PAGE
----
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Total number of comments: 13 (since 2013-11-28 15:55:24)

Lennart

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  • America’s new data center: The Biggest Big Brother of All (TBIJ)
    • Danh: Agree, it is clearly not good that any democratic government spies on its people, and one can rightfully ask if there is any real difference between what is happening in the US and China in that regard. I.e. in the kind of data they collect of their own citizens.

      But then we must remember that Google, Facebook, Twitter etc also collect information on their users that are every bit as intrusive as that collected by the NSA. That is of great concern of European governments but less so in the US

      The main point I was making though is that contrary to what James Bamford asserted in his otherwise excellent article in Wired, the NSA data center in Utah is not terribly impressive. In point of fact it is positively puny. Which kind of puts the entire story in a somewhat different light.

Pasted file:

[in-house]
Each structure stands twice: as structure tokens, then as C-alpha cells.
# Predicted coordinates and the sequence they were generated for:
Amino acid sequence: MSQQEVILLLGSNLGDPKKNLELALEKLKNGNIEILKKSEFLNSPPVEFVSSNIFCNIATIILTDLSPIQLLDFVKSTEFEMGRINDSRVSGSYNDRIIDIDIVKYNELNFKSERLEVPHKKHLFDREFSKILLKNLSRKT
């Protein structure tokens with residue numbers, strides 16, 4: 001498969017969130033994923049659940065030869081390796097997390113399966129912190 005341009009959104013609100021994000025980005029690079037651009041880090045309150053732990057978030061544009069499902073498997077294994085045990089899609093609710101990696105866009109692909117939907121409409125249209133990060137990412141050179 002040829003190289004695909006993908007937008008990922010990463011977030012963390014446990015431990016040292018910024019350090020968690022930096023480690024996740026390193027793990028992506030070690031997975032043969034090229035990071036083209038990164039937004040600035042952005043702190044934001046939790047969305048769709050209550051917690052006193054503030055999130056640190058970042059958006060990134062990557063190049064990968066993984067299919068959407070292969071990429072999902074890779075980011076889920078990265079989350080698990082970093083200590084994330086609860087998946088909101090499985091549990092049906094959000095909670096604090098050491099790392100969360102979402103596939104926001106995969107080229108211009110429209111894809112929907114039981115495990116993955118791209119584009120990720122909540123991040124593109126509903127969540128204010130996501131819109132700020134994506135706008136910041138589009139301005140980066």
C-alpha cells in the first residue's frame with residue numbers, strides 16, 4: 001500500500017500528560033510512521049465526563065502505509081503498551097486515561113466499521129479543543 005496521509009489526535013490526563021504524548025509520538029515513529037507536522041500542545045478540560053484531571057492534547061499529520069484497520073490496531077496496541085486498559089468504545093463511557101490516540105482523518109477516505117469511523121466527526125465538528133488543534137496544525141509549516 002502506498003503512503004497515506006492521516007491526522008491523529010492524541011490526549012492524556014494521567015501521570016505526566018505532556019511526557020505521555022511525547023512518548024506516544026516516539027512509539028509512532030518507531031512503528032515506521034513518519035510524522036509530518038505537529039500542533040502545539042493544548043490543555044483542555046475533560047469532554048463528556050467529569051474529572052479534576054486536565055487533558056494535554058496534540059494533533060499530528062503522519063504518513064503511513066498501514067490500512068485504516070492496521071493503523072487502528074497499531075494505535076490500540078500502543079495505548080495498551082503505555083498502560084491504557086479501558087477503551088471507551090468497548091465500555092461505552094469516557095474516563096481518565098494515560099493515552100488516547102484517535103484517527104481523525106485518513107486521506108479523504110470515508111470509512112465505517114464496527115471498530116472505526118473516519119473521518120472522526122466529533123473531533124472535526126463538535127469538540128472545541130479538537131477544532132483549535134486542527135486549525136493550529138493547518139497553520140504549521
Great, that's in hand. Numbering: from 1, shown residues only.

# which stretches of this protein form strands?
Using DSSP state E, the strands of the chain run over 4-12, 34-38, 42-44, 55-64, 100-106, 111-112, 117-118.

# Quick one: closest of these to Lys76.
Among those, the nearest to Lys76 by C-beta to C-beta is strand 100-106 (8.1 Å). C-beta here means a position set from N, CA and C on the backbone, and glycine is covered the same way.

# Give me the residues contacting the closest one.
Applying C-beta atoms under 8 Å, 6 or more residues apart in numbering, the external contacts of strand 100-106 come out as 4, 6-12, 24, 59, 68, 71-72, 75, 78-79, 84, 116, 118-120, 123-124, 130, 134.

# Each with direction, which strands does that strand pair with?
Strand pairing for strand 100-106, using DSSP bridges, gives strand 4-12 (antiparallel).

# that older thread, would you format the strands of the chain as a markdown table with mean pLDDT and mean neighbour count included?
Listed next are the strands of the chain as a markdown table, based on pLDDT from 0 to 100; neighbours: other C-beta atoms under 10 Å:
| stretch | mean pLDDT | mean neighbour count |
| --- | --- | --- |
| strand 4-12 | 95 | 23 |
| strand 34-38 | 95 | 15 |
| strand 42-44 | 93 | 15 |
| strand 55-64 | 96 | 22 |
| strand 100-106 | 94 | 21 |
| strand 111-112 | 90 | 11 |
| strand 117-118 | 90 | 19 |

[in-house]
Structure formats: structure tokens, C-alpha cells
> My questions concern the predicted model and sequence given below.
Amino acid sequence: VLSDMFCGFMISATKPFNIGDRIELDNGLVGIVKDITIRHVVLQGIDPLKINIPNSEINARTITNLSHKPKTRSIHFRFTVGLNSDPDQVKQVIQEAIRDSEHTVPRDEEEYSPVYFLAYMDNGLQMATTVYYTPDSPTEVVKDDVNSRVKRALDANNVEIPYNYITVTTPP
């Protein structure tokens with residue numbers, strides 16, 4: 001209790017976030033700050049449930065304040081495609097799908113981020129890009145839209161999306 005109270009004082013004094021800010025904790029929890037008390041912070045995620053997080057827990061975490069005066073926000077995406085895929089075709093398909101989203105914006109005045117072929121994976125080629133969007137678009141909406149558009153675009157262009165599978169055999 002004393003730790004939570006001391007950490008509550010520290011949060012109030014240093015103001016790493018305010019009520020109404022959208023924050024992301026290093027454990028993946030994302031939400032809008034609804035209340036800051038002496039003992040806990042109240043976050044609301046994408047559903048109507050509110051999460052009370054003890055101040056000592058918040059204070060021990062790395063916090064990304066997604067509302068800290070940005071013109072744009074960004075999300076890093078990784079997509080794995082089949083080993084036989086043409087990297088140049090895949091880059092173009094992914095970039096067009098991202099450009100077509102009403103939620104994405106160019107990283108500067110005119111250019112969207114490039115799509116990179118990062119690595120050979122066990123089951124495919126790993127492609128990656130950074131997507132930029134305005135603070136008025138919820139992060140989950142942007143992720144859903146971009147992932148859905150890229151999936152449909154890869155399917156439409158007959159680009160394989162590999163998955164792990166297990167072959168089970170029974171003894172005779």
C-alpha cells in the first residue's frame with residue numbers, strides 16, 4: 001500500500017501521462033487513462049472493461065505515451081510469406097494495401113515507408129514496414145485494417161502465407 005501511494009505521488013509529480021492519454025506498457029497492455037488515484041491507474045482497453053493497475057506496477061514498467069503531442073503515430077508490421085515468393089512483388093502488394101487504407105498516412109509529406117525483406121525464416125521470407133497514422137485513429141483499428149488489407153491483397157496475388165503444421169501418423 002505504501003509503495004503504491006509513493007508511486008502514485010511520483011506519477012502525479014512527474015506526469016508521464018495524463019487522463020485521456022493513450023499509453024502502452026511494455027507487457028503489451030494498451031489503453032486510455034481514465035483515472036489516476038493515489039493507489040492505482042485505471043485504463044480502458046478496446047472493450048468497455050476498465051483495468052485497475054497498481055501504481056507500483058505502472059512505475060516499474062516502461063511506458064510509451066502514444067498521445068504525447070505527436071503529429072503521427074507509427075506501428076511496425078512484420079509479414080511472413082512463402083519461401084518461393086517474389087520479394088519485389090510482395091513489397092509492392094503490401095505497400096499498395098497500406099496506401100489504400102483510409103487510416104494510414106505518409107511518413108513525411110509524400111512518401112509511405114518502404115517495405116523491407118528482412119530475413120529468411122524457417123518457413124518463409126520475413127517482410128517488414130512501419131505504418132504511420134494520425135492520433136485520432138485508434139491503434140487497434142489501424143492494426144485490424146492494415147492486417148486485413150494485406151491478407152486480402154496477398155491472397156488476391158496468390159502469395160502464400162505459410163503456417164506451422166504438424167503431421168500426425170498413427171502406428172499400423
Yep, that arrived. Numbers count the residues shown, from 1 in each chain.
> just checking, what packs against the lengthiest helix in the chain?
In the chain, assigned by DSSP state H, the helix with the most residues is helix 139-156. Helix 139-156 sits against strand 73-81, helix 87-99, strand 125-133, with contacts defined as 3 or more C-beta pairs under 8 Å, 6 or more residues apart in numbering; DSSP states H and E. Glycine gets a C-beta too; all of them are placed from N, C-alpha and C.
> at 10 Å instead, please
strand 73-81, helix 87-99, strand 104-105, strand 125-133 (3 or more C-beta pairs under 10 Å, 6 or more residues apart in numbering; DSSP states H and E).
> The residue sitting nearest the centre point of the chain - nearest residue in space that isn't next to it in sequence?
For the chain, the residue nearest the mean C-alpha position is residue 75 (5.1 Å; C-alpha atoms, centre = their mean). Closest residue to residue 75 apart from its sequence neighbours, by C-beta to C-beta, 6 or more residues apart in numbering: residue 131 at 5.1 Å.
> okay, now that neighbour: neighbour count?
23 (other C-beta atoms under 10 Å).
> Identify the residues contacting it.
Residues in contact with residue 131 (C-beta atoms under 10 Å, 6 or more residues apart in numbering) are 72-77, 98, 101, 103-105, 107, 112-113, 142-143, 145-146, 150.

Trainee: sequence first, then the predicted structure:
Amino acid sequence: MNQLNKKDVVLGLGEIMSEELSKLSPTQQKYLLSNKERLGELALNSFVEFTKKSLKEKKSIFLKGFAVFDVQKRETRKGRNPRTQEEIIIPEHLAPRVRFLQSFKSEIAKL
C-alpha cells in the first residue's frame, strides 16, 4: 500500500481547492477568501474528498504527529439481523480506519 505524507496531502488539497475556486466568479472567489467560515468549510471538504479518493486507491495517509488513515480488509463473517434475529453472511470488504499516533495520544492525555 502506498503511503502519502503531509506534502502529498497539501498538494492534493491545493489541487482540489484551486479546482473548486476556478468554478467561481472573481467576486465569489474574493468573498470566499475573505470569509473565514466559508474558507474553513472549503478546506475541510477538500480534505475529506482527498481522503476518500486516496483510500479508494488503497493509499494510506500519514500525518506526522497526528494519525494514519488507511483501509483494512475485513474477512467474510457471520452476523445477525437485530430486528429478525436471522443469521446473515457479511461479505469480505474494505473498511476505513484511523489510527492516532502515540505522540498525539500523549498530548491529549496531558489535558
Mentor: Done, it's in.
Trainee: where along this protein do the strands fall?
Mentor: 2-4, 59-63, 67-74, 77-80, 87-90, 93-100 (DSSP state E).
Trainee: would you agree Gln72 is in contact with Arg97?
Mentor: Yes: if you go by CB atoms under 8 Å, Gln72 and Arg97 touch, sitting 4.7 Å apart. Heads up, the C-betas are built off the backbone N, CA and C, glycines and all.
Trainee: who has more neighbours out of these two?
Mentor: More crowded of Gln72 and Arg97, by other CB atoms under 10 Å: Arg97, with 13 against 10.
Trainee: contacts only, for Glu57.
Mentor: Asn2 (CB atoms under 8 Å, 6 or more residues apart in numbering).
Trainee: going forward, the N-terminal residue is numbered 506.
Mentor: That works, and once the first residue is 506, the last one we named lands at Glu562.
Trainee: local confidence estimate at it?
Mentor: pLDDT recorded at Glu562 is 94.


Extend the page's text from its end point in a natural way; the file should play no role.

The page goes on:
"NASA Builds Positively Puny Data Center in Utah" just doesn't quite grab you in the throat does it? :-)

    • Juan, this is an interesting example of how important is to get expert opinion. James Bamford has very good insights into the National Security Agency, but he is NOT an expert at data centers, which shows in his article.

      As I wrote on my own blog, and I translate from the Swedish, the fact is that compared to "civilian" data centers, the NSA:s new data center in Bluffdale UTAH is not especially impressive. “four 25,000-square-foot facilities house rows and rows of servers.” .

      Compare that to the following item in the press recently link to bit.ly: AT&T to create data center, $900 million impact AT&T announced plans to construct a 900,000 square foot data center facility on Countryside Road, beside the existing T5 data center park, according to a 14-year plan. link to bit.ly

      My impression is that if anything, the US government is playing catchup with companies like Google, Facebook and Apple in the data center space.

  • Damascus sees first signs of Guerrilla War
    • "The Free Syrian Army, made up largely of defectors". That seems to be misleading. FSA is a convenient handle for the guerrillas, agreed, but they operate independently of each other and of the few FSA exiles in Turkey.

      The guerrilla groups appear to be mainly made of of unemployed young men rather than defectors from the Syrian army. At least if I read Josh Landis correctly. One gathers that defecting from the Syrian army is not a very pleasant proposition since it leaves ones family open to pretty horrible retribution.